Archive for the ‘Food’ Category

Australian food emojis

Tuesday, 4 June, 2019

A quick survey shows no fewer than 10 different emoji for specific items of Japanese cuisine (as of 2019’s Emoji 12.0 list). Which is fine, but clearly other cuisines are under-represented.

So I propose they add emojis for:

  • Chicken parma
  • Chiko roll
  • Fairy bread
  • Hamburger with beetroot
  • Lamington
  • Meat pie*
  • Musk sticks
  • Pavlova
  • Vanilla slice
  • Vegemite

* There is a pie emoji, but most people seem to interpret it as a sweet pie, and the glyph is actually a slice of sweet dessert pie on some platforms, including Google Android and Twitter. Which is clearly unacceptable and un-Australian.

Gin tasting

Thursday, 28 September, 2017

With a couple of bottles of gin running low, I restocked with another couple of different brands. I realised I then had four different types of gin on hand – enough to do a taste and comparison test! So I recruited my wife to help me do a blind test. She poured a scant finger of each into four different glasses, and labelled them 1 to 4, without me knowing which was which. Then after I tasted them all, she revealed which was which. Here are my notes.

Procedure: I began with the aromas. I took a few sniffs of each glass, taking time to breathe clear air in between the different samples. After writing aroma notes, I took a sip of each gin, neat. In between each one I sipped water to clear the palate. Gin by itself is very strong, but it’s a good way to get the full effect of the flavours. After trying each one neat a couple of times, I added a small amount of soda (about 1:1 with the gin) to each and repeated the tastings. Finally, I added a good amount of soda to each, reducing it to about a 1:3 ratio – roughly what I’d normally mix for drinking. I didn’t use tonic, because (a) I think it would mask the flavours of the gin and (b) I normally use soda as my mixer because I don’t like the added sweetness of tonic.


Hunter Valley trip

Wednesday, 31 December, 2014

On the spur of the moment, my wife and I decide to take an overnight driving trip to the Hunter Valley, 100km north of Sydney. We left on Monday, 29 December, and drove up the quick way, using the freeway until the Cessnock turnoff, where we cut inland to the valley. We stopped for lunch at Tatler winery, which has a cafe that serves tapas-like lunches. We had some duck liver pate with lots of trimmings, and goat’s cheese tarts, which was plenty for two people to share.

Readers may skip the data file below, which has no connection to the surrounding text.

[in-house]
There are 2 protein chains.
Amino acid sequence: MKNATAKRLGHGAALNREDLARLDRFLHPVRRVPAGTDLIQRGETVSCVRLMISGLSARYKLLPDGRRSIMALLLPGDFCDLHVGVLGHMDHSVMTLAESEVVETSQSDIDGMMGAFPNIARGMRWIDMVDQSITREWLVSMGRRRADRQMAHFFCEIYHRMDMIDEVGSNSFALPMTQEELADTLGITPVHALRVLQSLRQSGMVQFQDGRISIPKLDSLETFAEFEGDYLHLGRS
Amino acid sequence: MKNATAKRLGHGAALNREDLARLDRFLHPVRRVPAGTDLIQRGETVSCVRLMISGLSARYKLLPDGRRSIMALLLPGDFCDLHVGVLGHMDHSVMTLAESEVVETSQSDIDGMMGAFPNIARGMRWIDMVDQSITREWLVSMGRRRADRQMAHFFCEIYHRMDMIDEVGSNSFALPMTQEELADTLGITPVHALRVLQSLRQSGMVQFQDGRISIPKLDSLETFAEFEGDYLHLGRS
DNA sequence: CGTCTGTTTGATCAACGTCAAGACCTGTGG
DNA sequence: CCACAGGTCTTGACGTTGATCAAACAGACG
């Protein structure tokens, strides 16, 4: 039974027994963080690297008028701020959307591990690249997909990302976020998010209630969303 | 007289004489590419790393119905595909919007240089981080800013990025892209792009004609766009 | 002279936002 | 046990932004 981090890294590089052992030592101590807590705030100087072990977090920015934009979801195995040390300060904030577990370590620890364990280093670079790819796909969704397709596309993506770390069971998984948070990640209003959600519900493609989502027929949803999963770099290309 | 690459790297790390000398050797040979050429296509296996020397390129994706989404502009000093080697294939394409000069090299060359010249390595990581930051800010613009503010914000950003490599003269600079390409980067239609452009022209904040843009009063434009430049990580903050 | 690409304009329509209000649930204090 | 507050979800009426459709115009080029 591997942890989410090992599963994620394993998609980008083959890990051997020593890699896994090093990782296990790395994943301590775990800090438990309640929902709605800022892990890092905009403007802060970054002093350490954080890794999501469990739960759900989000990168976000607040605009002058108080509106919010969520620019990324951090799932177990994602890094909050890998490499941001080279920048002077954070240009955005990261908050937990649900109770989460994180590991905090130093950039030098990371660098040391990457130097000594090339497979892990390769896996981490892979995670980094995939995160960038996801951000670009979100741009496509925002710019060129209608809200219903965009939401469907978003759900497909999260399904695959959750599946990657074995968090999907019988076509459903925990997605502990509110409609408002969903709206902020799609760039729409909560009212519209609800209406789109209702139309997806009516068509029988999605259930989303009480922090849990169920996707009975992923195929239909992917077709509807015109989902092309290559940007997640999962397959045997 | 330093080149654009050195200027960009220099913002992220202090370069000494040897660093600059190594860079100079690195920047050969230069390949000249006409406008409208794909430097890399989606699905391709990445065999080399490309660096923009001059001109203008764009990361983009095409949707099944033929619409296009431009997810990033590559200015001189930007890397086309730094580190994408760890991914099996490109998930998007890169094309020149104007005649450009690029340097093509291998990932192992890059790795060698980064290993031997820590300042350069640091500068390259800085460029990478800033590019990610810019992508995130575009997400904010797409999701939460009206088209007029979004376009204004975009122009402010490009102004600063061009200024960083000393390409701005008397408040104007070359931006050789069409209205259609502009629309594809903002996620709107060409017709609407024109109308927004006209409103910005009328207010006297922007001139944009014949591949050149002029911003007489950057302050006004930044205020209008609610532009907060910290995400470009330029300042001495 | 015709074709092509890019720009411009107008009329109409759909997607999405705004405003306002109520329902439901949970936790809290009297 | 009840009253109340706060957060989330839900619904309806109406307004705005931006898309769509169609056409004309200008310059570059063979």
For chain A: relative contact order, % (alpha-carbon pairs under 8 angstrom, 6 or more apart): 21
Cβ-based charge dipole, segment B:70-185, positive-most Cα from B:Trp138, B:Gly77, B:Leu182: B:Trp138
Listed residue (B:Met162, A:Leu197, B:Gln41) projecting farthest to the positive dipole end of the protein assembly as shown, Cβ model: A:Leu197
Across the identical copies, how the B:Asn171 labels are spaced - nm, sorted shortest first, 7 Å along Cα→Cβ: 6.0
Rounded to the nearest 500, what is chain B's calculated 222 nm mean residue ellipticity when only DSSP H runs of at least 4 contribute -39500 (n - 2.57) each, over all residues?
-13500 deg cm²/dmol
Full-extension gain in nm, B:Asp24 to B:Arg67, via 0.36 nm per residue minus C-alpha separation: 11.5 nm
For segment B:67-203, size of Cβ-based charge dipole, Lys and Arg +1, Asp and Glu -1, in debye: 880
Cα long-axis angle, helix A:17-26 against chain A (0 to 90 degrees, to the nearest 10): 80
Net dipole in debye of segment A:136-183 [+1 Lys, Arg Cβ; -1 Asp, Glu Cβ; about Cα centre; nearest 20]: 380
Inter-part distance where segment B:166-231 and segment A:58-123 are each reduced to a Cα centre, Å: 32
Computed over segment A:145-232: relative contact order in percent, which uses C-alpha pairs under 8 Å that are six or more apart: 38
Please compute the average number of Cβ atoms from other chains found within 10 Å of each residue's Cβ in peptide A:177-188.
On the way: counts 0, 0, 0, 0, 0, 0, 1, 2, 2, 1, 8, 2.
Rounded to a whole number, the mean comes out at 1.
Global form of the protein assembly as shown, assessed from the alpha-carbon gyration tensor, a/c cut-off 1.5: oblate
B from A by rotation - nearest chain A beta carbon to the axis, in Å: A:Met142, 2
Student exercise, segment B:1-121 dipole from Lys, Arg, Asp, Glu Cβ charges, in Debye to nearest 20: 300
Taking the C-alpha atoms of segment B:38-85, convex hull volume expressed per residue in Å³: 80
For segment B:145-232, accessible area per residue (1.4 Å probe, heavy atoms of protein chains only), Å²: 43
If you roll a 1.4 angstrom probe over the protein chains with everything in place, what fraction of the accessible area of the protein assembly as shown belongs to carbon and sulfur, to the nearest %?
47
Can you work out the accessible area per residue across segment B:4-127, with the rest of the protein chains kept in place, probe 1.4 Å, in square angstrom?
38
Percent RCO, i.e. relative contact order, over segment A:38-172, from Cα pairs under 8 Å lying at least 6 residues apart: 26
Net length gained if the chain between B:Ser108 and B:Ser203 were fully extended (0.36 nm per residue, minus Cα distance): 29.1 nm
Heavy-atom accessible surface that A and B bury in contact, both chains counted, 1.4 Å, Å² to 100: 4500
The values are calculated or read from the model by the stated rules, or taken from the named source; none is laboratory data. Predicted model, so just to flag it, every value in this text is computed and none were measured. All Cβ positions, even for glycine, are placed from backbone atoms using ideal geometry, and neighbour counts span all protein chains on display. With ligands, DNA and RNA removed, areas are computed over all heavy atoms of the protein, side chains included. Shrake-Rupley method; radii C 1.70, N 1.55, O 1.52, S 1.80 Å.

Goat's cheese tarts

We drove around various places, stopping at Handmade in the Hunter markets at Kevin Sobel’s winery, browsing around the stalls there. I bought some chilli sauce from the Hot Chilli Woman.

Ranking: Nuts

Monday, 16 June, 2014

In a new, perhaps to be semi-regular, feature on this blog, I shall post my rankings of various things in two or more categories! To start with, nuts!

In increasing order of crunchiness: Chestnuts, cashews, walnuts, pecans, pistachios, coconuts, peanuts, macadamias, brazil nuts, almonds, hazelnuts.

In increasing order of yumminess: Brazil nuts, coconuts, hazelnuts, pistachios, walnuts, almonds, pecans, chestnuts, peanuts, macadamias, cashews.

In increasing order of how often I cook/prepare food with them in: Brazil nuts, chestnuts, macadamias, pistachios, pecans, hazelnuts, coconuts (cakes), peanuts (curries, satay), cashews (stir fries, curries), walnuts (cakes, and pizza toppings), almonds (I mix some in my home-made muesli every week).

Tiramisu without coffee

Tuesday, 27 August, 2013

For years and years and years I have wanted to try tiramisu, because it always looks so good when I see it in restaurants and cafes. But I do not have caffeine, and from what I remember of coffee flavoured things when I was a child, I really hate the flavour of coffee too – so I have never tried tiramisu.

I mentioned this to my wife the other day, when we were in a restaurant and I saw on the menu: orange “tiramisu”. I figured the quotes around “tiramisu” were to indicate that this was a tiramisu-inspired dessert, made with orange flavours, and so probably without coffee. I thought this would be awesome, because I might finally get to taste tiramisu for the first time. Being extra careful, I asked the waiter if the “tiramisu” dessert had any coffee in it. Alas, she replied that it did in fact contain coffee. So I didn’t order it.

Undaunted, my wife decided to find a recipe for tiramisu without coffee, and to make it for me. Here’s a simple one we found, and a more complex one. We’ll try the simple one first and see what I think of it.

Ice cream prices

Saturday, 24 August, 2013

236/365 Ben & Jerry'sThe first time I travelled to the USA, I tried Ben & Jerry’s ice cream, and instantly fell in love. I’d never had ice cream so delicious as that before.

When I got home, I lamented the fact that Ben & Jerry’s was an American company, and they didn’t sell their ice cream here in Australia. Over the years I made a few more trips to the US, and each time I gorged myself on Ben & Jerry’s while over there. In 2009 I travelled to the UK and found some over there, and again sated my desire for this heavenly concoction.